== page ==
Heat Stroke in Dogs
With extended daylight and warm weather, the summer can be a great time for outdoor...
10 June 2016
With extended daylight and warm weather, the summer can be a great time for outdoor activities with your pet. However, it’s important to be aware of the dangers of warm weather and heat stroke, a life-threatening condition caused by the elevation of a dog’s body temperature. Here’s what you need to know about heat stroke in dogs.
A dog’s fur is great protection against the cold but can be a problem in hot weather. This is because, unlike humans, dogs can’t sweat. They eliminate heat by panting (dogs do have some sweat glands in the foot-pads, but not enough to cool their body.) When panting isn’t enough, their body temperature rises. If they don’t have access to cool air – either because of high outside temperatures or a confined environment – they are at risk of overheating. This can be fatal for a dog if not corrected quickly. In general, any hot environment can cause heat stroke in dogs, but the most common cause is careless actions such as leaving a dog in a car on a hot day or forgetting to provide shade when a dog is kept outdoors.
Signs of heat stroke in dogs
The different signs of heat stroke in dogs include:
- Increased heart rate
- Excessive panting
- Excessive drooling
- Increased body temperature – above 39° C (103° F)
- Bright red tongue
- Thick, sticky saliva
- Changes in mental status
- Production of only small amounts of urine or no urine
- Vomiting (sometimes with blood)
- Irregular heart beats
- Stoppage of the heart and breathing
As heatstroke progresses, it can cause coma, and even death.
If your dog gets heat stroke…
Remove him/her from the hot area immediately! Put your dog in the bath tub or run a cool (not ice cold) shower over your pet, covering the whole body (especially the back of the head and neck.) If your dog is still conscious, let him/her drink as much cold water as possible. Adding a bit of salt to the water will help the dog replace the minerals it lost through panting. If dog is unconscious, however, make sure no water enters the nose or mouth. After cooling down your dog, call your vet or an emergency clinic, and take your pet there as quickly and safely as possible. While transporting your pet to the vet, keep on lowering its temperature by placing cool, wet towels over the back of the neck. If possible, increase air movement around him with a fan. Be aware that very cold water can actually be counterproductive. Going from one extreme temperature to another can cause other life-threatening medical conditions. Keep the body temperature around 39° C and stop the cooling when the right temperature is reached. Even if your dog appears to be recovering, you should still bring him/her to the vet, since he may be dehydrated or have other complications.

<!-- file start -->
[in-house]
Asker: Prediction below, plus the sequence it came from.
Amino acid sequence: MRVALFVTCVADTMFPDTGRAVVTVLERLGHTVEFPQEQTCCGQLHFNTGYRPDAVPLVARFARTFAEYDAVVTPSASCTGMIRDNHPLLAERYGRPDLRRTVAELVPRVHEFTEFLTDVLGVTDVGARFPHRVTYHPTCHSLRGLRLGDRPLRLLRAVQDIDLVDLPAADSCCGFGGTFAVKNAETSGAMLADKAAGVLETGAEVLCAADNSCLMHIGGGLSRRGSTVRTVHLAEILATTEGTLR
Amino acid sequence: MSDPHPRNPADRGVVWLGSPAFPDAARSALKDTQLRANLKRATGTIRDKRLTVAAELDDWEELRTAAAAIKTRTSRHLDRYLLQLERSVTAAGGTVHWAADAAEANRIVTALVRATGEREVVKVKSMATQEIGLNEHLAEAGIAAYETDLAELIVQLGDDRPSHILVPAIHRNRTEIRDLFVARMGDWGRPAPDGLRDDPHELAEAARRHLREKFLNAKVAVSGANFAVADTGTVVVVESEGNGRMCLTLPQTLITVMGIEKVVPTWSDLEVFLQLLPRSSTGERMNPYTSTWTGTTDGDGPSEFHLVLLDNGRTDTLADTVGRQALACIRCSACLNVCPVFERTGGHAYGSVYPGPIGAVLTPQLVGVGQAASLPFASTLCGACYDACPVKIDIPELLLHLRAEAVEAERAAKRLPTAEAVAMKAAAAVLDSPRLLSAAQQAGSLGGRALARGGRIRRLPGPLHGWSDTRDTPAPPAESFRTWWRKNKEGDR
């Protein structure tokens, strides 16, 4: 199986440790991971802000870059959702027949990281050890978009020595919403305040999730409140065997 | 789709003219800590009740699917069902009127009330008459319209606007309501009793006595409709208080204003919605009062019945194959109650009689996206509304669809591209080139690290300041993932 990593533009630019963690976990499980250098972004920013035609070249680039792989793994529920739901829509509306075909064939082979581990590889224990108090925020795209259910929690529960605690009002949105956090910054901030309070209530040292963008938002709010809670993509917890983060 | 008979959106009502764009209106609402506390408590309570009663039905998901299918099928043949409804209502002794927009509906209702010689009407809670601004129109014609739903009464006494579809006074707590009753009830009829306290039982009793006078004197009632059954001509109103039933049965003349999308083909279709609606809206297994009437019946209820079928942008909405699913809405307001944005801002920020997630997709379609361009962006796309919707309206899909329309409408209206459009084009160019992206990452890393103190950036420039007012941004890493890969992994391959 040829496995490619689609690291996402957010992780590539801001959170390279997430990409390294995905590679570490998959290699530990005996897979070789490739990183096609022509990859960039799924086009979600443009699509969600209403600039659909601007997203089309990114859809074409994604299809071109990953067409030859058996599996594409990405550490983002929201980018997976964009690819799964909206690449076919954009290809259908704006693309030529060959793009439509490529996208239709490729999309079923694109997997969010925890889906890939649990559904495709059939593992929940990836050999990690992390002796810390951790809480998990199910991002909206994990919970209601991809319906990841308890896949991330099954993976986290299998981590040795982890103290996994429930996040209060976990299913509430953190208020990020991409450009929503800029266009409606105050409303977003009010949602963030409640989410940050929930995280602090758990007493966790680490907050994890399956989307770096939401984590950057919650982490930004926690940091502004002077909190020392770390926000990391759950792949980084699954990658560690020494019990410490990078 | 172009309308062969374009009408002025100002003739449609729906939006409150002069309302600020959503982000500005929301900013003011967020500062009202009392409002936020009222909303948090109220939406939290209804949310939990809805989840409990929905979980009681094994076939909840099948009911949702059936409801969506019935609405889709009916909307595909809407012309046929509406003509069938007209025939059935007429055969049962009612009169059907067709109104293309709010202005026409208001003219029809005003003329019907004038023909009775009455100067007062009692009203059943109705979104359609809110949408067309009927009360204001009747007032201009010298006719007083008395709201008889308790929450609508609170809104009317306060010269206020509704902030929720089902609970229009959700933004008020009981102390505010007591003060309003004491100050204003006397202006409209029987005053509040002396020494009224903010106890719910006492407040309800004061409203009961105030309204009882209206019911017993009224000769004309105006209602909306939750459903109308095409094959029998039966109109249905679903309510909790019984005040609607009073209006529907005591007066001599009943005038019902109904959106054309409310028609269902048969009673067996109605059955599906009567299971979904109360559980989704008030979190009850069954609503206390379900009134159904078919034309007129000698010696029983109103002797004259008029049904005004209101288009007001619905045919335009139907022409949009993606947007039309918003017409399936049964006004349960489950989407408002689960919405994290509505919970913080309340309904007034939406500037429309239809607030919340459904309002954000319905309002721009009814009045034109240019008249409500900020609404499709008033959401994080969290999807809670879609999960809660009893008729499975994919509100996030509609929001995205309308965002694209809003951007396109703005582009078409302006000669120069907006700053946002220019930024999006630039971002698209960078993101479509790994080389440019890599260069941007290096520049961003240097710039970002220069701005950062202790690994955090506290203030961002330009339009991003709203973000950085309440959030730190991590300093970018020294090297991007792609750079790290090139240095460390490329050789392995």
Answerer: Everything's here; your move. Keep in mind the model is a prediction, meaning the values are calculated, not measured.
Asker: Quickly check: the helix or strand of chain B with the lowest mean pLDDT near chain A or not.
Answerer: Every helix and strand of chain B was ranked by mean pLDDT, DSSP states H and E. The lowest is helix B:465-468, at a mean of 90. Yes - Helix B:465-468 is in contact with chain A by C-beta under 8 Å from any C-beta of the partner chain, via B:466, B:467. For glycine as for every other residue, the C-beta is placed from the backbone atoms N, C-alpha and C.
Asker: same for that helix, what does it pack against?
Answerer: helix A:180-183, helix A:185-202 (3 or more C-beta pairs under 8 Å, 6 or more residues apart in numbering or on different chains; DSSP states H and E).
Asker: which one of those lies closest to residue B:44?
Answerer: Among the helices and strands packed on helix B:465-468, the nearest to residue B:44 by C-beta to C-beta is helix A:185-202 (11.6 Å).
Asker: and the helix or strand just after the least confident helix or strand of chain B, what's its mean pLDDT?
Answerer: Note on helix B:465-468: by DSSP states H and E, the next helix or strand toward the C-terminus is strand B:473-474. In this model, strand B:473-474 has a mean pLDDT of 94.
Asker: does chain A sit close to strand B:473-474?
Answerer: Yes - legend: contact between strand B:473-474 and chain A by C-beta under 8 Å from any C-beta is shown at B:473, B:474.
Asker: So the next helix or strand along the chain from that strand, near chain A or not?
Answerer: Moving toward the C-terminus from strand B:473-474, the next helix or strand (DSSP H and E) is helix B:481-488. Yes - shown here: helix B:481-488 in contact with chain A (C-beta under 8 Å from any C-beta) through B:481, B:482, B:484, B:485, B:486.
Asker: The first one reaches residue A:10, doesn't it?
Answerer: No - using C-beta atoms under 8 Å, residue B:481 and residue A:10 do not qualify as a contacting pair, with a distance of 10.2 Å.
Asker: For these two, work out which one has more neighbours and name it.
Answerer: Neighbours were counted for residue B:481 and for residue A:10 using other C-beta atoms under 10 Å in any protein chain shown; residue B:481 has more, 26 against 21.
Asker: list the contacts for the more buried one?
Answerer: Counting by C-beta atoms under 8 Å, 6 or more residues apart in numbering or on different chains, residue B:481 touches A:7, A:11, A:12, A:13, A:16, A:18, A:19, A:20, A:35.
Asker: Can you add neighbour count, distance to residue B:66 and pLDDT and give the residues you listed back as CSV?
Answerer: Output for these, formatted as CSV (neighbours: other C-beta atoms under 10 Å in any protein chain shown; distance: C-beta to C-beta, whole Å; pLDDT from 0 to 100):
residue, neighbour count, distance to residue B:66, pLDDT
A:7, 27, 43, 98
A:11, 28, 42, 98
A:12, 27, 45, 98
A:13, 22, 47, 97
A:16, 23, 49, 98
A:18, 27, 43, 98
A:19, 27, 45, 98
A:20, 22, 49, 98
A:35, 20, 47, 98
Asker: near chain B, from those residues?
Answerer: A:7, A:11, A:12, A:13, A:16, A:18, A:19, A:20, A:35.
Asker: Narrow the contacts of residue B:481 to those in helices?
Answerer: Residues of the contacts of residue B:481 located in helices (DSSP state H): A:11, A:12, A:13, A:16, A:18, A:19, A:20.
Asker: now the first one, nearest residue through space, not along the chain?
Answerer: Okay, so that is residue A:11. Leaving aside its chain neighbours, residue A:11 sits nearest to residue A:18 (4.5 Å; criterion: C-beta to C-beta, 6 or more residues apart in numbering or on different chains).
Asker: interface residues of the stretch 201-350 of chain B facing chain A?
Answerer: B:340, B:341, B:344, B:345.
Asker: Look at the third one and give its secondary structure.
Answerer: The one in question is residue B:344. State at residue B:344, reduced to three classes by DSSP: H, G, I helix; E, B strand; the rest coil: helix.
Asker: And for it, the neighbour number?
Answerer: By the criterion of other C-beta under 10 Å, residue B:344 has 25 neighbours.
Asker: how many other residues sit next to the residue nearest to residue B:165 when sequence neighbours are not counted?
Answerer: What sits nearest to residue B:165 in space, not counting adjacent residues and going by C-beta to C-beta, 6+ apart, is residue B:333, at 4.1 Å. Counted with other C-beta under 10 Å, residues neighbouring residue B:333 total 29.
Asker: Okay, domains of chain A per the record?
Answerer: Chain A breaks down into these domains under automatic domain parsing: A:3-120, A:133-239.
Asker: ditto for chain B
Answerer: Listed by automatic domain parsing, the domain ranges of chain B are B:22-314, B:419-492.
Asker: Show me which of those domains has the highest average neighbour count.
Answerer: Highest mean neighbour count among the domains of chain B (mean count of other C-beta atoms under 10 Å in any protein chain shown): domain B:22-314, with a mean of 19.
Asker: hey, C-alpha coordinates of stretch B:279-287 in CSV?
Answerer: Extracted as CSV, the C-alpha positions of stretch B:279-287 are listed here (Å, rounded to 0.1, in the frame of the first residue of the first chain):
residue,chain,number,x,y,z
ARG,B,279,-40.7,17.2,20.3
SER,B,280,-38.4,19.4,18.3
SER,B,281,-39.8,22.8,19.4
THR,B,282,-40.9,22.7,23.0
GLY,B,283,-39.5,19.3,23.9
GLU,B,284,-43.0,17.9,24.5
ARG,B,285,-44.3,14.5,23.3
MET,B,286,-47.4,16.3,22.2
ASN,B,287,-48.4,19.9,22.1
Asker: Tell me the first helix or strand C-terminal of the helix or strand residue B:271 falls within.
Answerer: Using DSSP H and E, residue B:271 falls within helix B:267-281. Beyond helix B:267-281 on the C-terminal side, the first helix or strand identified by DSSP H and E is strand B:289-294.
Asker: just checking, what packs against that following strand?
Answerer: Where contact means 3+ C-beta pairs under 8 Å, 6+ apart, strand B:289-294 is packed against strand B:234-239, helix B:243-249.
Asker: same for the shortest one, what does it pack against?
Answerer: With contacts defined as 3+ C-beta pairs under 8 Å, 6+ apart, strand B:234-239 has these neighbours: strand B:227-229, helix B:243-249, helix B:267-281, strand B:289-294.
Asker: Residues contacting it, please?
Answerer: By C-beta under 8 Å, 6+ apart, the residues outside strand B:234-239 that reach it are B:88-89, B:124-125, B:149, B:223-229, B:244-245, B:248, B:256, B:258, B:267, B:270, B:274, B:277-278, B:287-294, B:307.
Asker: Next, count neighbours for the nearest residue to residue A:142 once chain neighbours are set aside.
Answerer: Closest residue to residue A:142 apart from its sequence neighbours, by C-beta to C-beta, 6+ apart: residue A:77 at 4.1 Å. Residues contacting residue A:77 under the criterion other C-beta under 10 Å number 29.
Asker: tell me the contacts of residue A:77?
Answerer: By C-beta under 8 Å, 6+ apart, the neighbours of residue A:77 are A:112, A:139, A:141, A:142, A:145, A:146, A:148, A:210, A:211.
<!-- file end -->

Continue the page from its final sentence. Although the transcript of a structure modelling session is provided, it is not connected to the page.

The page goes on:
How to prevent heat stroke in dogs
There are some simple, common-sense steps you can take to prevent heat stroke in dogs. First of all, be aware that you don’t expose your dog to hot and humid conditions. Limit outdoor activities to the early morning and late evening, when temperatures are lower. On really hot days, keep your furry friend indoors as much as possible. When you bring your dog outside, provide plenty of shade and fresh water. Use several bowls in different places that there is always enough water. Add ice cubes to the water bowl to keep water cooler longer. Let your pet play in a cool water bath or a small pool, if you have something like that. Wetting down your dog with cool water or allowing him to swim can help maintain a normal body temperature. Make sure that shade is available the whole day, also when the sun changes. If you travel with your dog in the car, make sure that your pup is well ventilated by placing it in a wired cage or in an open basket. Never leave your dog in a car with the windows closed, even for “just a minute” or even if the car is parked in the shade. The temperature inside a parked car can quickly get extremely high.
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